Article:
Quiet + an interview with Tomie dePaola

by Tomie dePaola (Simon and Schuster, 2019; out today!)

photo credit: Laurent Linn

Hello!

It’s been a while since this site pushed some pixels and print your way, and I’m happy to be settling back here with this book. It’s perfect for today—a reminder to slow down, to listen, to refill.

It’s soothing and soft and a true experience, as the best picture books are. Immersing yourself in this may allay the exhaustion of the moment. You know the one.

I got to chat with Tomie dePaola recently about this book, and had a delightful time. He is an absolute legend, right? I don’t have to tell you that. But can you imagine how I felt, staring at those numbers on my phone?

Nervous.

Shaky.

A little weepy.

But then he said hello on the other end of the line. His voice, of course, a smile—impossible to unhear.

Right away he apologized for being a little hoarse.

What did I say? “Oh, so not a little chicken?”

What did he say? “Well, I used to be a little goat.”

And then we talked about this book.

Tomie spends nearly an hour each day in quiet reflection—not quite meditation, not quite prayer, not anything with a label other than being.

This idea began as two flashes of memory. He remembered all the times as an eight-year-old boy—sitting, just sitting, at a window in his attic. He loved that window. He loved the quiet. He also remembered sitting by a wall of windows in Miss Gardener’s classroom, doing the same. Miss Gardener, however, insisted little Tomie dePaola stop daydreaming.

Little Tomie dePaola insisted right back, “I am not daydreaming, Miss Gardener, I am thinking.”

Do you see the windows in this book?

Can you imagine Tomie dePaola’s thinking here?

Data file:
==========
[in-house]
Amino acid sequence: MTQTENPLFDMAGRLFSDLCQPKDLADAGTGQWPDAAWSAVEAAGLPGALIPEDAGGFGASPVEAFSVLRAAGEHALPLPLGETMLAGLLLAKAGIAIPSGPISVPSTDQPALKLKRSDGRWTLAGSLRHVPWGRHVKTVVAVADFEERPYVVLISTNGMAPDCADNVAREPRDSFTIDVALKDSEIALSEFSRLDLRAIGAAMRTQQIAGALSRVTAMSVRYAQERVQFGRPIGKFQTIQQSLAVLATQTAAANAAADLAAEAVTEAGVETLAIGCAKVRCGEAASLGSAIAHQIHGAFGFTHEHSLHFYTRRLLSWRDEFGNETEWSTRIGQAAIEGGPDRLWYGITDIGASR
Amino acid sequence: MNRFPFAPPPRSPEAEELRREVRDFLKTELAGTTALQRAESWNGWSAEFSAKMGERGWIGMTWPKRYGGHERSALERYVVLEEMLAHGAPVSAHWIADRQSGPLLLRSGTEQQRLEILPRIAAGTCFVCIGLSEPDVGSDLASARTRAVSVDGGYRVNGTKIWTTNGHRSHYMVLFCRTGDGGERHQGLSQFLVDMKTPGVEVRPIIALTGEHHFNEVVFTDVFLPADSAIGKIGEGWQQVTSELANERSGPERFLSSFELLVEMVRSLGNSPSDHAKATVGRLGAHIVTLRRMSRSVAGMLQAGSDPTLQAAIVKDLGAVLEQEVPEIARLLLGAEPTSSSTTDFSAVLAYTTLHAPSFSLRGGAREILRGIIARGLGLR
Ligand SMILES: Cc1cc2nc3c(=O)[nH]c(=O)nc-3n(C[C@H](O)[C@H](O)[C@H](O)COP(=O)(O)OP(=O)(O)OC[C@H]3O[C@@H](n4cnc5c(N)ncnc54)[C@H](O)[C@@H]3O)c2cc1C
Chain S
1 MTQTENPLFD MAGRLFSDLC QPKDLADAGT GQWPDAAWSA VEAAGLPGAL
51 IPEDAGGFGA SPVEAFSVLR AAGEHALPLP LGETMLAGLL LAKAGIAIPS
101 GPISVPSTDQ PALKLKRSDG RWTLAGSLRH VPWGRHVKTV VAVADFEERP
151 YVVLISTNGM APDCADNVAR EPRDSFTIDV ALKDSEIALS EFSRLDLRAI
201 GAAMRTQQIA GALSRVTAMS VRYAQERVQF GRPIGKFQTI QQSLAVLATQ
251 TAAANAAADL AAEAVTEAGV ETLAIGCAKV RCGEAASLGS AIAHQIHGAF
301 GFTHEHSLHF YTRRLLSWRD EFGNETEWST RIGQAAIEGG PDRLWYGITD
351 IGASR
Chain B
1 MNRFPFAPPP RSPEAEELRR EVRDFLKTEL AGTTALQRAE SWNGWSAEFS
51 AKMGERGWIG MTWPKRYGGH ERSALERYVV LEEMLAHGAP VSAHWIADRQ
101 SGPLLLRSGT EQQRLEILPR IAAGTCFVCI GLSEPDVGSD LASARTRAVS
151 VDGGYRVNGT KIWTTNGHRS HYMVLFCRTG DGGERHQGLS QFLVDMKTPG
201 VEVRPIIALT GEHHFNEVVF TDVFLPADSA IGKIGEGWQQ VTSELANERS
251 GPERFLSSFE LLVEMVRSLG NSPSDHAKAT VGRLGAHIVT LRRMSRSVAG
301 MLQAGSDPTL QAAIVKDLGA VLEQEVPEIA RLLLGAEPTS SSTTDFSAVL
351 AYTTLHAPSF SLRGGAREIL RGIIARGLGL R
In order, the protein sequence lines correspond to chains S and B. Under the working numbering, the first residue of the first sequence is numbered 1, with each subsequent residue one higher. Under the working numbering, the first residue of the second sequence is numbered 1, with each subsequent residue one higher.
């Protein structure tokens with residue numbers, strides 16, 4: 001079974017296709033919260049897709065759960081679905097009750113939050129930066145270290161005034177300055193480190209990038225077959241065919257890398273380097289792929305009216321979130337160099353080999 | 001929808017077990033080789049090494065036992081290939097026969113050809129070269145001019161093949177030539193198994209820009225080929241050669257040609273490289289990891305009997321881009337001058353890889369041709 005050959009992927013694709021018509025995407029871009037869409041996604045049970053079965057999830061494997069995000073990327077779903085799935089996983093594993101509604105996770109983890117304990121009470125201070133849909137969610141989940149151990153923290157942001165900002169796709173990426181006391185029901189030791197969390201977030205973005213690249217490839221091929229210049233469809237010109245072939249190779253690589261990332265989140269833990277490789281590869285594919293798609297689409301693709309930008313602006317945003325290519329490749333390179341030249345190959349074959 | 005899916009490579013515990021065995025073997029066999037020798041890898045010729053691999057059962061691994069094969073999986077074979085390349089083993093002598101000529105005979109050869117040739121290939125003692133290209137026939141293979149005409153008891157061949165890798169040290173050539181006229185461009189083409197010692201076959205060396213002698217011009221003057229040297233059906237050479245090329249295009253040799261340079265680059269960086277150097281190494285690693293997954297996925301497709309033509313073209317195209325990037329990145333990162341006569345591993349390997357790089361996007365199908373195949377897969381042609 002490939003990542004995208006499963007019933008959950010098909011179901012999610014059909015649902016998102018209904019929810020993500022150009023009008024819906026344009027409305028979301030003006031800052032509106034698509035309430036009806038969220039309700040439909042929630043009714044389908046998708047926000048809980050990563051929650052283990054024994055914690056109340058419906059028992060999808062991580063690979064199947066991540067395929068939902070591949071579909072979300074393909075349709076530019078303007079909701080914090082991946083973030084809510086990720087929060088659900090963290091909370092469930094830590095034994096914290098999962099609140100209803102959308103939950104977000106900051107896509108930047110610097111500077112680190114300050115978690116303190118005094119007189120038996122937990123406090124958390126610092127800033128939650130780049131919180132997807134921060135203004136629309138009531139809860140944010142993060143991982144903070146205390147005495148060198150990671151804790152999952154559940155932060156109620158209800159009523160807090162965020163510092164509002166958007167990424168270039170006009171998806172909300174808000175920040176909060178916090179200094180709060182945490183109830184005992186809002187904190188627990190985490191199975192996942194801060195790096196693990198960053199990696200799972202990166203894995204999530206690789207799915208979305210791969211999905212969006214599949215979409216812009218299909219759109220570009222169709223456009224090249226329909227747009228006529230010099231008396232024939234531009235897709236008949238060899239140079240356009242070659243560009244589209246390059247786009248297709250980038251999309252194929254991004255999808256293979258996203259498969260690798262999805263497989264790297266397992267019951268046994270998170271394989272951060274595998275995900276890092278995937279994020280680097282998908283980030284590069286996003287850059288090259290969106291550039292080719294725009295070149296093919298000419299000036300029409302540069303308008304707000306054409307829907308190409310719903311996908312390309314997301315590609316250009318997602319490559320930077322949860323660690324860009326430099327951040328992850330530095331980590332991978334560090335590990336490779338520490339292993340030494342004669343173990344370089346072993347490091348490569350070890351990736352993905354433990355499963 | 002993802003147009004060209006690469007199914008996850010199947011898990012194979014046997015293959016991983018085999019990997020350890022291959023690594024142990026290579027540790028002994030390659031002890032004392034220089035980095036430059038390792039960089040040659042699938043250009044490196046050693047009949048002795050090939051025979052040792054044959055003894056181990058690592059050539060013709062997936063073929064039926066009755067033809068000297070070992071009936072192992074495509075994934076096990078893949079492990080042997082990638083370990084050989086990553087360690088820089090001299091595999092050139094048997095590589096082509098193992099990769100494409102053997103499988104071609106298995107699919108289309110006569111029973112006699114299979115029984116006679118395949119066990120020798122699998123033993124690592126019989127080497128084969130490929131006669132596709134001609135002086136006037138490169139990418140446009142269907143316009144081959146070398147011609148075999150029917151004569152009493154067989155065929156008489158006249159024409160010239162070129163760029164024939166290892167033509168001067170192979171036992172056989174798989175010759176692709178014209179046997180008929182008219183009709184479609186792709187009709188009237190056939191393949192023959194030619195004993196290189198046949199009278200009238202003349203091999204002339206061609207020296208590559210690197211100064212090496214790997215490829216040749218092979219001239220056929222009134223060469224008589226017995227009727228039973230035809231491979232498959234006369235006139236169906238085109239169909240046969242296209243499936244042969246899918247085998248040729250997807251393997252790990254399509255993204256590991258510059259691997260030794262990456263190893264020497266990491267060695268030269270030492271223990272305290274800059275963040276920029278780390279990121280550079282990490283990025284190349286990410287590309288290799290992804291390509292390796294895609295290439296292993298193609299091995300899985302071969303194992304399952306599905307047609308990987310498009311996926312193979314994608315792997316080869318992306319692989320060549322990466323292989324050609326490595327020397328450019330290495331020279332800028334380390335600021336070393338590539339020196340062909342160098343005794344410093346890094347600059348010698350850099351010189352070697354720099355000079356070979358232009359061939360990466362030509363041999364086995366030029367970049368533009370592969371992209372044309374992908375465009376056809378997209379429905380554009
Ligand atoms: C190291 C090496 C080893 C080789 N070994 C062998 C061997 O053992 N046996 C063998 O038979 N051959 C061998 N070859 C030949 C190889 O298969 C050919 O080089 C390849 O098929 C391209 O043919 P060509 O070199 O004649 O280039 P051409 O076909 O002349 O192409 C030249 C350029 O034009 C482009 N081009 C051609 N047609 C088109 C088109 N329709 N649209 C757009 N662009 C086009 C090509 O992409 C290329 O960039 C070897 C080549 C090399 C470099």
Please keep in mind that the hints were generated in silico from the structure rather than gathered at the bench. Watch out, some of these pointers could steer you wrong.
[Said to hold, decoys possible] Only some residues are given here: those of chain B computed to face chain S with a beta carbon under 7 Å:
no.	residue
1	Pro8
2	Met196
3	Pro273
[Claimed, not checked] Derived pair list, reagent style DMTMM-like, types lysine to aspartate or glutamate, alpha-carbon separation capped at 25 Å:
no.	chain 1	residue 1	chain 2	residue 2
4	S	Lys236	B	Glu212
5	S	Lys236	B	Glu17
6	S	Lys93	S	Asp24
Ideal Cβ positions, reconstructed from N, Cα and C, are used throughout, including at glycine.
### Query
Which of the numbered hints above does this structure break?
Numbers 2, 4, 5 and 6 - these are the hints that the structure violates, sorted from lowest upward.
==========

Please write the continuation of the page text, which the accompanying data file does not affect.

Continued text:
Isn’t he inviting us to look alongside him?

After this cast of characters witnesses the hurry,

the flying,

the rushing,

the zooming—

they take a rest.

That’s when the windows open up.

One of the things Tomie loves best about this book is how it surprised him. He’d sent the paintings off to New York, and didn’t take a look at the proofs for many, many months. When the pages came back to him, Tomie said he was so pleasantly surprised by the way it breathed, by the pace of the  space, by the rhythm of the line.

Quiet, in a way, had completed its mission on the creator himself.

When Tomie was four-years-old, he made a grand pronouncement to his family: I will be an artist. Doodles filled Miss Gardener’s arithmetic pages. Stories with his mother filled his nights. Tomie even added a little extra red-crayon-rouge to a dancer’s face in one of his beloved books because “she didn’t have quite enough.” One glorious Christmas morning, under the tree, art supplies and books toppled over in piles.

“My parents and relatives just loaded me up,” he said.

Isn’t that the work of Quiet, as well? Being quiet, yes, but also being still, open, and together? Nobody is ever alone on a page. There’s always a ladybug, a dragonfly, a friend of one kind or another. That’s what Tomie’s Christmas tree story reminded me of—someone watching, someone listening, someone loving someone else and what they love—things you might not notice through the busyness.

Take a look at Quiet. Take a look around.

Thanks to Simon and Schuster for an advance copy of Quiet, the images in this post, and the opportunity to talk with Tomie dePaola!